Learners can be encouraged to actively commit to serving others and be involved in the community, or to making other commitments of heart, hand, and mind in relation to the topics studied. This is about encouraging students (1) to translate learning into action, (2) to decide on what they think is right, and where appropriate, (3) to make a principled stand.

  • Learners can be given opportunities to serve others, such as by taking part in a community project or by designing posters and invitations to a community day. They can be challenged to think of specific ways to love their city after learning about the industrial revolution or creating designs that focus on bringing delight to others (as in this example).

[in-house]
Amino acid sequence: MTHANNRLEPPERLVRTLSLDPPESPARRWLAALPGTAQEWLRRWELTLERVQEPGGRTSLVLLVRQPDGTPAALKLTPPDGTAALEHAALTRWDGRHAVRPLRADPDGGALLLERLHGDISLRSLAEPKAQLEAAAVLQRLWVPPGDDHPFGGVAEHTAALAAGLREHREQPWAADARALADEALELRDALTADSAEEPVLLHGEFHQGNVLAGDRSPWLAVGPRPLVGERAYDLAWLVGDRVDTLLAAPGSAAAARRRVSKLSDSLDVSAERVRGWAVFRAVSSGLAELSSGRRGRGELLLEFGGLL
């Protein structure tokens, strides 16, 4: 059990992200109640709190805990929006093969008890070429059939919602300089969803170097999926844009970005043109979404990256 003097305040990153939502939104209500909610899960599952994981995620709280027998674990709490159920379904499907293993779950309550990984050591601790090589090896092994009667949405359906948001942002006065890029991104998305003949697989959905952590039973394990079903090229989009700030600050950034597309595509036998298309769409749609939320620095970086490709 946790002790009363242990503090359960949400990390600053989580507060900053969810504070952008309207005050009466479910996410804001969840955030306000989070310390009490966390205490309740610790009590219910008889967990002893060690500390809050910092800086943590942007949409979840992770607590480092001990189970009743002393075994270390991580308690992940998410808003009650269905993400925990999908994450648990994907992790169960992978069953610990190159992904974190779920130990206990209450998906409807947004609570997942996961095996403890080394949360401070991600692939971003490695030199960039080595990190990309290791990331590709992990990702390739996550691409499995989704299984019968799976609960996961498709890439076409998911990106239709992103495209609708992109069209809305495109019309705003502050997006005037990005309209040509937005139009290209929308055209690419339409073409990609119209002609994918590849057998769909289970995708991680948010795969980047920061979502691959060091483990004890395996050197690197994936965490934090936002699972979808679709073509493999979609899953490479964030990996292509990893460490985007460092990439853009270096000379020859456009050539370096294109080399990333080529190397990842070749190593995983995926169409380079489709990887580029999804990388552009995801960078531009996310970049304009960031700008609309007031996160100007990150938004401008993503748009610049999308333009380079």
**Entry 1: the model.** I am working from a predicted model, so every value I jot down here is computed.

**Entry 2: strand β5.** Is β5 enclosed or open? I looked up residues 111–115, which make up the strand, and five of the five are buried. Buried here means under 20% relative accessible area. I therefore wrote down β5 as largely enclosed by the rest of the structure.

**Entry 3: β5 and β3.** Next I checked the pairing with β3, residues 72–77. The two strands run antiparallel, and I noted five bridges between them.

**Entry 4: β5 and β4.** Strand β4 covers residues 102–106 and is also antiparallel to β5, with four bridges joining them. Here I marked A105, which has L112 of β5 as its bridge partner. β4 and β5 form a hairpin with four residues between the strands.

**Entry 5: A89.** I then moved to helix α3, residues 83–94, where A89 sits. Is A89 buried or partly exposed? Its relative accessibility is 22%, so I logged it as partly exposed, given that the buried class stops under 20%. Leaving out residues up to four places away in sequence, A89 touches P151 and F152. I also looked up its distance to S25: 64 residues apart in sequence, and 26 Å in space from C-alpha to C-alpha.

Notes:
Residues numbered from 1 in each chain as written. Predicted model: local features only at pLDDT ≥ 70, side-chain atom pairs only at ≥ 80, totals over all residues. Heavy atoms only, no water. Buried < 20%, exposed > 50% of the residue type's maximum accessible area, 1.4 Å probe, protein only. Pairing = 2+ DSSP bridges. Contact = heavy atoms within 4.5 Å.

• Learners can be challenged to decide on a viewpoint or take a stand on an issue—for example, by writing a short position paper or by sorting statements into ones they agree with and ones they disagree with (as in this example about the ethics of writing about others).
  • Learners can actively respond in the classroom itself, such as by praying for each other (as appropriate to your school), actively encouraging each other, and supporting each other—perhaps in a review class or through peer mentoring in a math class.

In these and other ways, students can be encouraged toward developing their capacity for moral and spiritual commitment as they learn about the needs of the world and the big questions we face.